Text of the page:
Posted in LDVUSA | Tagged , and | 3 Comments

This single photograph shows an amazing crucible of American history


This is the fifteenth of my posts based on a recent tour of the eastern half of the USA. I visited a number of sites relevant to African American history. To mark Black History Month, I am relating some of the things I saw, in the order I saw them.

Without any doubt, the highlight of my USA tour was my visit to Mongomery, Alabama. To coin a phrase of Stephen Fry’s, for someone interested in history, it was like swimming through liquid chocolate. Within half a mile of the State Capitol, there are a clutch of historic sites which bore witness to some of the most seminal events in the history of the USA.

Posted in LDVUSA | Tagged , , , , and | 4 Comments

The woman who refused to budge on the bus – and made history


The statue of Rosa Parks in the Rosa Parks museum, Troy University, Montgomery, Alabama.

This is the fourteenth of my posts based on a recent tour of the eastern half of the USA. I visited a number of sites relevant to African American history. To mark Black History Month, I am relating some of the things I saw, in the order I saw them.

I’ve wanted to visit the Rosa Parks museum for years. It has been very high on my bucket list. It was a strange desire. The Rosa Parks museum is in Montgomery, Alabama, which is not one of the easiest places to places to get to in the States. (I had to go on a Greyhound bus from Atlanta, Georgia – which turned out to be a very peaceful and calm experience!) And I would not say that I am an expert on the history of Rosa Parks. I had barely read her Wikipedia write-up before I planned a trip to Montgomery. It was just that I respected her as someone who did something quite awesome – she simply, and with quiet dignity, refused to give up her bus seat to a white person and, as a result, sparked a movement that led eventually to the end of racial segregation in the USA and a step-function advancement in civil rights for Black people there.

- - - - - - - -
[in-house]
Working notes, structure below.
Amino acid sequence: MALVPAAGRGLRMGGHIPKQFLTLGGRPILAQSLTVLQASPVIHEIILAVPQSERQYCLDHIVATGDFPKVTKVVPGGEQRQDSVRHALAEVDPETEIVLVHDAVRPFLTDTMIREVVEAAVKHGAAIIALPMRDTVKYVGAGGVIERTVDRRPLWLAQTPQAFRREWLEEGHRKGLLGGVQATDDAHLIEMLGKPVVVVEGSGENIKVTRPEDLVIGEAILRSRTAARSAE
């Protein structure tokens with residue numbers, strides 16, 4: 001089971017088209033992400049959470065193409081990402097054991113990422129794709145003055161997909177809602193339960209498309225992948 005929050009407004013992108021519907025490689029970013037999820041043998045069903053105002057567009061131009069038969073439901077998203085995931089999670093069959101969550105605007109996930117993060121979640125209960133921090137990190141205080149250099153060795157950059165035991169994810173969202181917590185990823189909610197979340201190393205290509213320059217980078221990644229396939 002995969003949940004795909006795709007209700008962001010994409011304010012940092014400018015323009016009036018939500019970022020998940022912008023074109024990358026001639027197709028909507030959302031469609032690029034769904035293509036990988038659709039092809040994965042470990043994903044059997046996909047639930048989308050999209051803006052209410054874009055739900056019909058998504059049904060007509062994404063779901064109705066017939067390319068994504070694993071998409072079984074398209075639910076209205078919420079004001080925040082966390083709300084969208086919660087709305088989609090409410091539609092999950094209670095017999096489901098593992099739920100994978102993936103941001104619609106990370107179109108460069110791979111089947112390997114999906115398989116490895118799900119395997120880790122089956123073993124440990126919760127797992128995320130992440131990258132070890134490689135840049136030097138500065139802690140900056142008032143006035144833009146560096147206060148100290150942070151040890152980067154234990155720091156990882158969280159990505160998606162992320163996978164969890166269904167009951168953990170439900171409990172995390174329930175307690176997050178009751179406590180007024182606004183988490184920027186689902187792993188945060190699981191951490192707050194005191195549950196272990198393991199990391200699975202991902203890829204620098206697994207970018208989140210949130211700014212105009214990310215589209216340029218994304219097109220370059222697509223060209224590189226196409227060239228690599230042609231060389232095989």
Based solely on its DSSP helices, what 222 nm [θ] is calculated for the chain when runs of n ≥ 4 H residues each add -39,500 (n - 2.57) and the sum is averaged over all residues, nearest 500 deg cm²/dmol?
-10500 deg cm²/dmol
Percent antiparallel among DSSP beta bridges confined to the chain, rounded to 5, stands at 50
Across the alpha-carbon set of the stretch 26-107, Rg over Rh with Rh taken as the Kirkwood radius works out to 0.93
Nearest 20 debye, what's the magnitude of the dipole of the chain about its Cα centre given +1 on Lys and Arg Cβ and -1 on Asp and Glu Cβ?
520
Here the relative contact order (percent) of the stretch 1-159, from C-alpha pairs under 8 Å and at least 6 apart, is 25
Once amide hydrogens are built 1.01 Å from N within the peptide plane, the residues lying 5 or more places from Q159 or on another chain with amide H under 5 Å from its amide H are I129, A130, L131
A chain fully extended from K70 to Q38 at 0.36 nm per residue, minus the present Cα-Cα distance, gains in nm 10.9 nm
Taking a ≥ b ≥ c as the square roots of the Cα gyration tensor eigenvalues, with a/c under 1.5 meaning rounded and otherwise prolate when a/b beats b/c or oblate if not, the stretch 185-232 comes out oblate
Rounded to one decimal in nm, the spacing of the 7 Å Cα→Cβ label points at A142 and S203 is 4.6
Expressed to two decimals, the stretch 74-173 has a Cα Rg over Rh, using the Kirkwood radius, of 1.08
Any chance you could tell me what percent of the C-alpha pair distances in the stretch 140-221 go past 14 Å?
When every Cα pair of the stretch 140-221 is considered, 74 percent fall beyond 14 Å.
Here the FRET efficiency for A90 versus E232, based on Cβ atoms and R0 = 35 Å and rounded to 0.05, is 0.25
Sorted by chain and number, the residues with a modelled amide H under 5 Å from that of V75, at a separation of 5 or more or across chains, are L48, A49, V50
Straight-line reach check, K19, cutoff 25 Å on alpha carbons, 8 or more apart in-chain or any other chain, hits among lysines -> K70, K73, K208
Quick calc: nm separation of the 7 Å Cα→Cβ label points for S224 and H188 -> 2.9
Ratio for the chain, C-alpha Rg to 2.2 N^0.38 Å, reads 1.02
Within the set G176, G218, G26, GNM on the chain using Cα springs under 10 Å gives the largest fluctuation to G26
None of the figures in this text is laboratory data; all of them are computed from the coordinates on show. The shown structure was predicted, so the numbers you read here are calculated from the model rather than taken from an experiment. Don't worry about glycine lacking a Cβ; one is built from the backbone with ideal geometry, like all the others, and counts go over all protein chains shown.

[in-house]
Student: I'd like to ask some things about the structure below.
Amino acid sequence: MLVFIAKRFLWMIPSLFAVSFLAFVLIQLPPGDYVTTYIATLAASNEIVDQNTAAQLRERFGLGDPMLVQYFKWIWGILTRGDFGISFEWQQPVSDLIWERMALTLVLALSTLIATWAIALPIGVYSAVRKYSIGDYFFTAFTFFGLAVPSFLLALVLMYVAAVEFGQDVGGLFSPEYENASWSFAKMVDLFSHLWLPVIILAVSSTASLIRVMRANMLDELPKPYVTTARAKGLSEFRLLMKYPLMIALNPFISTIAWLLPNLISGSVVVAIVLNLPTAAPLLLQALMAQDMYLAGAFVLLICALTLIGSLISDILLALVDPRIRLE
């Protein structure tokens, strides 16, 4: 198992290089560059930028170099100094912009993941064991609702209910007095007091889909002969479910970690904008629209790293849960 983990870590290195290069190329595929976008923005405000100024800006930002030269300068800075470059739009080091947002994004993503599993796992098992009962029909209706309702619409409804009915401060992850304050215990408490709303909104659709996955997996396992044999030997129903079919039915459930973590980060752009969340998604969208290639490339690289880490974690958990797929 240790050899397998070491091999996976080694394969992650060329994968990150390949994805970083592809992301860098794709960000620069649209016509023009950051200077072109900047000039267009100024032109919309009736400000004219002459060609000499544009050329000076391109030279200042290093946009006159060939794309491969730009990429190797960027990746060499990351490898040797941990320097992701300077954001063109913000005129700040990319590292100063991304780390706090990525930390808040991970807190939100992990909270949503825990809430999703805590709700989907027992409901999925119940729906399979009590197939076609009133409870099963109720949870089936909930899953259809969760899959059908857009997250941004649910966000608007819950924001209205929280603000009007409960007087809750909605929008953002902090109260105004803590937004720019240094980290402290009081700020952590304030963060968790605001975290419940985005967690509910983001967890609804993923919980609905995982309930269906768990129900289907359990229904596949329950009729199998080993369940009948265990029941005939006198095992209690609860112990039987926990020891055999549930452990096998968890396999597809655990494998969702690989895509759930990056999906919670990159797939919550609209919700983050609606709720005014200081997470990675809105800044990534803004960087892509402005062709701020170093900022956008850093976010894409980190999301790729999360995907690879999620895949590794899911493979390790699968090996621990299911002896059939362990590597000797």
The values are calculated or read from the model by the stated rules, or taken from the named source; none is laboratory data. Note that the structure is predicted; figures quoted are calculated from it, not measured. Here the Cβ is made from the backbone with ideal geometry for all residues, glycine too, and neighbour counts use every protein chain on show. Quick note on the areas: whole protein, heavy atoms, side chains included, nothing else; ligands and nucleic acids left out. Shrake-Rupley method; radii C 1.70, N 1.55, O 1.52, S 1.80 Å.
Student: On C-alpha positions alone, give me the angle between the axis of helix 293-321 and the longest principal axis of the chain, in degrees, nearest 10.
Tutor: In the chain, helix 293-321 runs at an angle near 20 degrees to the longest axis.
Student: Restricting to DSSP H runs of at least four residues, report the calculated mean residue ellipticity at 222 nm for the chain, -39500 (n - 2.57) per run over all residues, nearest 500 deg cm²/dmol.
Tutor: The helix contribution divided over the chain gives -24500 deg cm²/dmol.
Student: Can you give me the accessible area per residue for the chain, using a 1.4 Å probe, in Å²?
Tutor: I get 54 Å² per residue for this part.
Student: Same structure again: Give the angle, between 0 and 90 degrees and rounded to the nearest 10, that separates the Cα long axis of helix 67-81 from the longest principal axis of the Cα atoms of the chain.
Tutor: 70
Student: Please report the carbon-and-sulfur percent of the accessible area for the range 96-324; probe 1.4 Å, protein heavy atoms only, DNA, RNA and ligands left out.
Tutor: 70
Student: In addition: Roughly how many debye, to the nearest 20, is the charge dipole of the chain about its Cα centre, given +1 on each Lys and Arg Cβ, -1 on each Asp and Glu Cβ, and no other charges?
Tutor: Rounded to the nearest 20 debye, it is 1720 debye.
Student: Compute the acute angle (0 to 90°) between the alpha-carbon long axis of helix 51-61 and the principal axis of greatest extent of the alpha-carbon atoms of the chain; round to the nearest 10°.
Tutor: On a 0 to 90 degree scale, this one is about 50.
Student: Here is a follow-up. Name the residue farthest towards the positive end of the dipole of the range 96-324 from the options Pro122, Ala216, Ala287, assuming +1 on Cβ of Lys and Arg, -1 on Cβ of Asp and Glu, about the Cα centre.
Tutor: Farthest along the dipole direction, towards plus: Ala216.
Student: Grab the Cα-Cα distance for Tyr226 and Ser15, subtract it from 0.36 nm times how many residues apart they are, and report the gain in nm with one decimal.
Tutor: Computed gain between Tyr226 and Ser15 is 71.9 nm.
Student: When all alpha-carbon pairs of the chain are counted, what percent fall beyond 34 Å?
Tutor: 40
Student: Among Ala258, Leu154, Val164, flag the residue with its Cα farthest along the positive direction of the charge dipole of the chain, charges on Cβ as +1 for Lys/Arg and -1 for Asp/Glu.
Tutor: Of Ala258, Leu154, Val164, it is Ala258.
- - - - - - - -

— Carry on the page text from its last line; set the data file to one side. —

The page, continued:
Posted in LDVUSA | Tagged , , and | 2 Comments

Kenyan opposition leader in London: ‘New election will be as corruptly conducted as last month’s & its outcome will in no way represent will of Kenyans’


Raila Odinga, Kenya’s opposition party leader, spoke yesterday at Chatham House, the Royal Institute of International Affairs, in London. Mr Odinga was Prime Minister of Kenya from 2008 to 2013.

Reuters reports:

(Odinga) said on Friday his withdrawal from a presidential election rerun scheduled for Oct. 26 meant the poll had been “cancelled” and there should be fresh nominations for a new vote.

Posted in News | Tagged , and | 2 Comments

The home where Martin Luther King’s family were bombed



This is the thirteenth of my posts based on a recent tour of the eastern half of the USA. I visited a number of sites relevant to African American history. To mark Black History Month, I am relating some of the things I saw, in the order I saw them.